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What Nancy Pelosi and Steny Hoyer did for US-Israel ties

The outgoing US Speaker and Majority Leader strengthened the relationship immeasurably through their public actions and, especially, behind the scenes
Left: Speaker of the House Nancy Pelosi, D-Calif., leaves the chamber, Friday, Dec. 23, 2022. Right: House Majority Leader Steny Hoyer, D-Md., arrives at the Capitol, Nov. 17, 2022. (Photos: AP/J. Scott Applewhite)
Left: Speaker of the House Nancy Pelosi, D-Calif., leaves the chamber, Friday, Dec. 23, 2022. Right: House Majority Leader Steny Hoyer, D-Md., arrives at the Capitol, Nov. 17, 2022. (Photos: AP/J. Scott Applewhite)

On January 3, Democrats in the US House of Representatives will, for the first time in almost twenty years, be led by a new team of leaders. Much has been written about how much the outgoing team of Speaker Nancy Pelosi and Majority Leader Steny Hoyer has accomplished in those years. Having worked closely with both since they first came to Congress, I saw firsthand the tremendous impact the leaders had on the US-Israel relationship in particular, both through the very public actions they took, but especially in the critical behind-the-scenes role they played over nearly four decades.

For Speaker Pelosi, Israel’s creation was, as she has repeatedly stated, “the greatest achievement of the 20th century.” She learned that early on from a father who, as a congressman and later mayor from Baltimore, was outspoken in his support for the Jewish people and for the fledgling state of Israel. Majority Leader Hoyer became an early champion for the cause of Soviet Jewry and came to appreciate Israel as a key strategic and democratic US ally from his work on the US Helsinki commission and on the appropriations committee. In fact, one moment I will never forget was in June 2000 when the then-Republican chairman of the appropriations subcommittee on foreign aid, Sonny Callahan, offered a rare amendment in committee to eliminate a key provision of Israel’s aid. Committee members Pelosi, Hoyer and Rep. Nita Lowey quickly joined together to lead the successful effort to oppose that amendment.

Together, the two leaders were responsible for passing countless pieces of legislation that made the US-Israel relationship as strong as it is today, including providing critical foreign assistance to Israel, expanding Iron Dome funding, criticizing the UN for its treatment of Israel and even then-President Obama for not supporting Israel at the UN, supporting Israel’s right to self-defense at key moments during its many wars in Lebanon and Gaza, opposing large arms packages to Israel’s enemies, pressuring the Palestinians to end their support for terrorism, supporting loan guarantees to Israel, and mandating the move of the US Embassy to Jerusalem.

They did so using all the avenues available to leadership – and then some. As Speaker, Pelosi rarely sponsored or even supported legislation, but Hoyer’s name has been at the top of countless pro-Israel bills, letters and resolutions. What is less well known is the vital work they did behind the scenes to strengthen the US-Israel relationship. As leaders, they determined what bills did – and did not – make it to the House floor. It is no coincidence that so many pro-Israel bills and amendments did come up for a vote – and those not supportive died a quiet death. It is also no coincidence that those key committees responsible for foreign policy issues had so many members who were strong supporters of the US-Israel relationship. When a pro-Israel vote or issue came up, both could be seen intensively lobbying their Democratic colleagues in caucus meetings and on the floor, making sure the pro-Israel position prevailed. And throughout their careers, they led their colleagues in dozens of congressional trips to Israel – Pelosi almost every other year, including in 2020 to celebrate the 75th anniversary of the liberation of Auschwitz and in 2018 to celebrate Israel’s 70th anniversary; every two years for close to 20 years, Hoyer organized trips to Israel for the incoming Democratic freshman class. Over 200 Democratic members of Congress were exposed to Israel, many for the first time, through 10 of these intensive, Hoyer-initiated one-week trips.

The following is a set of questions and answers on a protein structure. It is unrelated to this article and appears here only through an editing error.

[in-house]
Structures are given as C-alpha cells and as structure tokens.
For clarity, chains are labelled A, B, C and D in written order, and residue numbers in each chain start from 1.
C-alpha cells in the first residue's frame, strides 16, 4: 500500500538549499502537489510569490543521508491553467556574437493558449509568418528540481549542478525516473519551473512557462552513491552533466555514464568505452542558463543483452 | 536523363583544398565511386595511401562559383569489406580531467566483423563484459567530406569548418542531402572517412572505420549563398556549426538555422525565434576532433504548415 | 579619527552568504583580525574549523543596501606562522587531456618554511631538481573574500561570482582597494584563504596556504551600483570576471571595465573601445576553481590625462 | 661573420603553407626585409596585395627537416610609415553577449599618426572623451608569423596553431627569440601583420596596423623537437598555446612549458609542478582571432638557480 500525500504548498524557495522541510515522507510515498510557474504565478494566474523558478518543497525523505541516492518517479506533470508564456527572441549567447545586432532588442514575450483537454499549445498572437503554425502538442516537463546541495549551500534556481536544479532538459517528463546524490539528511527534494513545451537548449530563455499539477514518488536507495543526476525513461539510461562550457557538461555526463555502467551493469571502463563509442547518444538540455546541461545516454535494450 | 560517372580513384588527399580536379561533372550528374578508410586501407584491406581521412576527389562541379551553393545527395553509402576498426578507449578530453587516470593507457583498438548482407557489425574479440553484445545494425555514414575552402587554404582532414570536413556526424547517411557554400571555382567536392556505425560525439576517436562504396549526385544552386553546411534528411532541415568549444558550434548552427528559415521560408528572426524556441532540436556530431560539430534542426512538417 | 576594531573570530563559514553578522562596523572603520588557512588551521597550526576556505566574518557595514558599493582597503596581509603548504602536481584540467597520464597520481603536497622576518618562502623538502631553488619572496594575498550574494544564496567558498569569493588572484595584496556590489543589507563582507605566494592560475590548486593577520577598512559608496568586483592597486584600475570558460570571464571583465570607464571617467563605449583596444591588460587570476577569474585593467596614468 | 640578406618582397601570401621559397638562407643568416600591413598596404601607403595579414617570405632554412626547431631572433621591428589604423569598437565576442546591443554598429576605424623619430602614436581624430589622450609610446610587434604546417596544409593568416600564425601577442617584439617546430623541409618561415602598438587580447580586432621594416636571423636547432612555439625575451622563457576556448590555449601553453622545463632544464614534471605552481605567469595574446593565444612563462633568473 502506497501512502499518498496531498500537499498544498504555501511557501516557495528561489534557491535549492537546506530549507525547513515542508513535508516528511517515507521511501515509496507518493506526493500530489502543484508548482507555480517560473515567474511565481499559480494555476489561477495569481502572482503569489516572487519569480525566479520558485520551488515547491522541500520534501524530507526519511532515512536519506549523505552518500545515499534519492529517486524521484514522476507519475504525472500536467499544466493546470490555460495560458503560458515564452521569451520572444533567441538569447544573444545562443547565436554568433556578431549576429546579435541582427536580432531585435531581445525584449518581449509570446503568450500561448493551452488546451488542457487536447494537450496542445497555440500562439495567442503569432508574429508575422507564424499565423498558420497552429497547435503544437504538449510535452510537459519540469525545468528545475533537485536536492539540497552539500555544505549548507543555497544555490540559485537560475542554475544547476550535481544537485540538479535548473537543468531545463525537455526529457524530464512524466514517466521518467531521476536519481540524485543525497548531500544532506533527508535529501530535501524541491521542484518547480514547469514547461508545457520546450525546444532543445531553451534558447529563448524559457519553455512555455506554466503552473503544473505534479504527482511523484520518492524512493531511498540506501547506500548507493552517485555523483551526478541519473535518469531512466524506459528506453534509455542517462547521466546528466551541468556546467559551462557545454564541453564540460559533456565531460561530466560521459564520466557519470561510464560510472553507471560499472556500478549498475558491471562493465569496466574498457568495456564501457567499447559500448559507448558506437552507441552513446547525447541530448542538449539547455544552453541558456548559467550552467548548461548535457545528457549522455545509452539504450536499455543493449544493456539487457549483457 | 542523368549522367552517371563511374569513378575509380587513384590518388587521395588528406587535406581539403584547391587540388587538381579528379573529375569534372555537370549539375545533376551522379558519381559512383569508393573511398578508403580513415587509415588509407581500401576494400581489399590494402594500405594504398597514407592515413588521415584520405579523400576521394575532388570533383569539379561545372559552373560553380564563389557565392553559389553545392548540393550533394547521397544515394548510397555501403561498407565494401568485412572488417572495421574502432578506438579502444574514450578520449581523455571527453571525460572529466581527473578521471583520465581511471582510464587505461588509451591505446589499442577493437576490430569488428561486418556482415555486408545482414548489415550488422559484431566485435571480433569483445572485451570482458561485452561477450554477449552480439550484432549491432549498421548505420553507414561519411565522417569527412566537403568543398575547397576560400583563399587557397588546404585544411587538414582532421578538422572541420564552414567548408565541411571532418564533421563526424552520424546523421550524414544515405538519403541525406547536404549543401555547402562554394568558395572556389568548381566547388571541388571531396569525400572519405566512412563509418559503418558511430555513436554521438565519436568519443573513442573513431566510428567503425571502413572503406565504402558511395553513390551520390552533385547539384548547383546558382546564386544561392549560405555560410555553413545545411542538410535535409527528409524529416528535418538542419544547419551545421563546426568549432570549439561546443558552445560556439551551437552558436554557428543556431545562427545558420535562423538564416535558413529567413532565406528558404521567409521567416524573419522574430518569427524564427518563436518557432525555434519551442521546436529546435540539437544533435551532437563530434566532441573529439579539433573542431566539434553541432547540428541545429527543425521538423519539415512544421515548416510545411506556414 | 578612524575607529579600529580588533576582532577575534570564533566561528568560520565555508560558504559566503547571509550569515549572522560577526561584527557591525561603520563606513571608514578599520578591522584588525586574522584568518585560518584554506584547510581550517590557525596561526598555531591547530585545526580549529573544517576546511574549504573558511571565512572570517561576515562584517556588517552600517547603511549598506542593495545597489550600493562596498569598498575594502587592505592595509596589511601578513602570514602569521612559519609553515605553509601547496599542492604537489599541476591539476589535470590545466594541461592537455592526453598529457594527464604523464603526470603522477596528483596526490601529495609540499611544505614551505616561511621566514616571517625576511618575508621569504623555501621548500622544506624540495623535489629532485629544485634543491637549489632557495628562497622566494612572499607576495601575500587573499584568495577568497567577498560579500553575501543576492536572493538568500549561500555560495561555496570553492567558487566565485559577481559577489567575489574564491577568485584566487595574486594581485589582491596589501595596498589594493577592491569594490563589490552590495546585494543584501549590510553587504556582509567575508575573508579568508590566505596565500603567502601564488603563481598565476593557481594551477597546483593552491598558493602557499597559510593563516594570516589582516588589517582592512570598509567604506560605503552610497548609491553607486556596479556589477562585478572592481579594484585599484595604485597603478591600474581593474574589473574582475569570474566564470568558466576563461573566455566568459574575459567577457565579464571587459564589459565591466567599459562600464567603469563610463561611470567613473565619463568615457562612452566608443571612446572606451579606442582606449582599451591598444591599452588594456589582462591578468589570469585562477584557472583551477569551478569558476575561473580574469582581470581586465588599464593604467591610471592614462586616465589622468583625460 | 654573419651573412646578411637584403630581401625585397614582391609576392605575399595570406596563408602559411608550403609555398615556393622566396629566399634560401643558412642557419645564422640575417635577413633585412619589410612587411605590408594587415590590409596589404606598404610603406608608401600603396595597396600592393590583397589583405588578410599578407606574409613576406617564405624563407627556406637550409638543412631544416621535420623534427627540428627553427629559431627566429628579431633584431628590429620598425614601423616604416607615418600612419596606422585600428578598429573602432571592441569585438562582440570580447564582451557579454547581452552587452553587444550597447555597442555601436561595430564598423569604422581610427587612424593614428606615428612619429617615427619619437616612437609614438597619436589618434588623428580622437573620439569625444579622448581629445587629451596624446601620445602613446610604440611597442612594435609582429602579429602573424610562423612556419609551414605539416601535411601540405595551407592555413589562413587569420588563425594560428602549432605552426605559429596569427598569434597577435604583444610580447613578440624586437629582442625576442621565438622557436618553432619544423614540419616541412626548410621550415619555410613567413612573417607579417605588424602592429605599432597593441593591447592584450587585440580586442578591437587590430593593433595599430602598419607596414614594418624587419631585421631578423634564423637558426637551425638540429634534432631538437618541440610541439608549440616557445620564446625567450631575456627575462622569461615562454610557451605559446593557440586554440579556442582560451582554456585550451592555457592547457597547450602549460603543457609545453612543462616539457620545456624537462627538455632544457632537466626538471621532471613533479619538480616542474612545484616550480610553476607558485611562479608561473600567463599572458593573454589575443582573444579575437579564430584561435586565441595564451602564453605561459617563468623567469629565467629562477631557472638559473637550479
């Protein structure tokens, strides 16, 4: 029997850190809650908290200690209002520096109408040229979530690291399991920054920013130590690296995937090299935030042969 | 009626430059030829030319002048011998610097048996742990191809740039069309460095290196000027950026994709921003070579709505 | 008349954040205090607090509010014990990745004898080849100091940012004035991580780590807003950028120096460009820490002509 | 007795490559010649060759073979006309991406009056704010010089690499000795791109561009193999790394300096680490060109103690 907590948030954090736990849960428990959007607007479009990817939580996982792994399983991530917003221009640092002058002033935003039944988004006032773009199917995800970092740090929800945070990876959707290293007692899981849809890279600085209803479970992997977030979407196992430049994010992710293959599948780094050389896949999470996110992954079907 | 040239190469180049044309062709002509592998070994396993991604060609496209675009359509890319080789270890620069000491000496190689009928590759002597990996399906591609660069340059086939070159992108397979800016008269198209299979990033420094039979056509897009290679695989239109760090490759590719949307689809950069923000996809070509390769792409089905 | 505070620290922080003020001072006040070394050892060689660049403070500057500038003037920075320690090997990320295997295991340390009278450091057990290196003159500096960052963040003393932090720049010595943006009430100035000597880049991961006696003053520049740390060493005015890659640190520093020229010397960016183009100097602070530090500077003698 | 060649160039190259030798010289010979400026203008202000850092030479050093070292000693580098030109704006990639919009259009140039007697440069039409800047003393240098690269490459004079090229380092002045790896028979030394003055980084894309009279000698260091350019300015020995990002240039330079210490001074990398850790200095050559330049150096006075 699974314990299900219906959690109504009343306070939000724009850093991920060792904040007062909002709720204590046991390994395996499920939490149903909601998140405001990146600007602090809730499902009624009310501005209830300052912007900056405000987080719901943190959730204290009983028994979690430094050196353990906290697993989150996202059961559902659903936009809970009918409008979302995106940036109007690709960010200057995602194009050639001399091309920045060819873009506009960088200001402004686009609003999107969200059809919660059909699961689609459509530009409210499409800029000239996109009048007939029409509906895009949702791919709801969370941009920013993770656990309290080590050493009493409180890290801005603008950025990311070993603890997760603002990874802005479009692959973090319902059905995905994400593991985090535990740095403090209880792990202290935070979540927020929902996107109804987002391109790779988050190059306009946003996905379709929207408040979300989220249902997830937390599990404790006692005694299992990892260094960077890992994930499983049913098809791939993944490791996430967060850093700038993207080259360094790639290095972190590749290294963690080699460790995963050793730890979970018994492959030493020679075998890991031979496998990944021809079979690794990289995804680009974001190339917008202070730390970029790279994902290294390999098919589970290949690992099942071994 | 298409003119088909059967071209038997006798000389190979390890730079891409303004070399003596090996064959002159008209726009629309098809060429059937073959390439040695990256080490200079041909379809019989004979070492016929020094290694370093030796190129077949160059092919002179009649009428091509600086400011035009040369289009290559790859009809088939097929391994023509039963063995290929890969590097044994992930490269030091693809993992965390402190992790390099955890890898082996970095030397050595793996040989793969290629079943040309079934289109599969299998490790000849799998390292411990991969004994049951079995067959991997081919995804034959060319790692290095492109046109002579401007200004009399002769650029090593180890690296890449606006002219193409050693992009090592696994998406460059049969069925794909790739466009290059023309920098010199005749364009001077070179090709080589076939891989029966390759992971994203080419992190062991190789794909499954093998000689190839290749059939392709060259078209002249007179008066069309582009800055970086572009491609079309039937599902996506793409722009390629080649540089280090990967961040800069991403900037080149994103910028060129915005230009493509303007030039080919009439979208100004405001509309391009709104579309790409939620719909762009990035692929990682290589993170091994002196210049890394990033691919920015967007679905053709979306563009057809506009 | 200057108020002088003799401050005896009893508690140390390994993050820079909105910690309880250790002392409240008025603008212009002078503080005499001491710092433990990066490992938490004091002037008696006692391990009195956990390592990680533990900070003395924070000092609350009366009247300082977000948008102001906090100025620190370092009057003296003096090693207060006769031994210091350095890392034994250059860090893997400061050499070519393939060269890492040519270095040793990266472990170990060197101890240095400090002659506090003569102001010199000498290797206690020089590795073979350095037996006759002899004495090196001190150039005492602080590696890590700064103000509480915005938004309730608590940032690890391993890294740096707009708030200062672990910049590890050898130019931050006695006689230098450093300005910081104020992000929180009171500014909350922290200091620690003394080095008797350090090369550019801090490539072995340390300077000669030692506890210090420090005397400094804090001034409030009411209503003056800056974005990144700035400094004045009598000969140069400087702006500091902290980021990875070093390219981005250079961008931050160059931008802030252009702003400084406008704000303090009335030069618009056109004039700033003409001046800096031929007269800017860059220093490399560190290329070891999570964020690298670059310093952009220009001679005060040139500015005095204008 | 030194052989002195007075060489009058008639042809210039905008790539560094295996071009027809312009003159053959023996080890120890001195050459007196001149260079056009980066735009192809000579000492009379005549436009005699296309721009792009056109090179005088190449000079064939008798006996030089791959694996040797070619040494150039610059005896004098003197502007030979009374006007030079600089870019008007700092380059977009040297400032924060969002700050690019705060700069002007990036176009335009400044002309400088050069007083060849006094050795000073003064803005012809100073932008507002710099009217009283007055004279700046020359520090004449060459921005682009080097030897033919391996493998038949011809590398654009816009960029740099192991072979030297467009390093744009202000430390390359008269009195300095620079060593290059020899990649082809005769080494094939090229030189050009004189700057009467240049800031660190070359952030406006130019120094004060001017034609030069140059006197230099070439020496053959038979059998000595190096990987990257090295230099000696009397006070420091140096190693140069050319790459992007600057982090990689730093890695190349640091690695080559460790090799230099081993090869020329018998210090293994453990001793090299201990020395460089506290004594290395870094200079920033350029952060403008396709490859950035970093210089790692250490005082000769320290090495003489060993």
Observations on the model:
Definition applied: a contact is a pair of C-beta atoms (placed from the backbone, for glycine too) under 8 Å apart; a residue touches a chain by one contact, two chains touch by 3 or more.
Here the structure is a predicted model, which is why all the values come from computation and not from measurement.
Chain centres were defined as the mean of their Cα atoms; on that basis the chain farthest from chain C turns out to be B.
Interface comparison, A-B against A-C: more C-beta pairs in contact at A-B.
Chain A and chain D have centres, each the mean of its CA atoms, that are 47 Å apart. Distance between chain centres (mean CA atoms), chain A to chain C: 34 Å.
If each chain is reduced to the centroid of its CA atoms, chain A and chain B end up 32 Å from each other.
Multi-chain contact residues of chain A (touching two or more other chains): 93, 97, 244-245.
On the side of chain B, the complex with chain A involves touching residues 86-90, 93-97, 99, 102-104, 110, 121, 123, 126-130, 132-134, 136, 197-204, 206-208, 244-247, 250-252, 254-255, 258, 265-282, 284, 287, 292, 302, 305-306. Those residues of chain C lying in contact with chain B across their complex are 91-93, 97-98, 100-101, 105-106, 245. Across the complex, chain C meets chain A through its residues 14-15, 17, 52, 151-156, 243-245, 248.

There were, of course, difficult moments, the most difficult one being during the congressional deliberations over the 2015 Iran nuclear deal which both supported and then Prime Minister Netanyahu’s address to Congress opposing the deal.

But that was the exception. US-Israel relations would not be nearly as close as they are today were it not for the tireless, decades-long efforts of these two leaders. Fortunately, both Reps. Hakeem Jeffries and Katherine Clark – who were groomed and elected to replace them – have strong pro-Israel records and close ties to their Jewish communities. But they have big shoes to fill and new challenges to face. An extraordinary era has ended. Only time will tell whether this new leadership will be able to bring the same intensity, commitment, passion and success to the US-Israel alliance that Nancy Pelosi and Steny Hoyer brought to it these many decades.

About the Author
Ester Kurz is the former Director of Legislative Strategy and Policy at the American Israel Public Affairs Committee.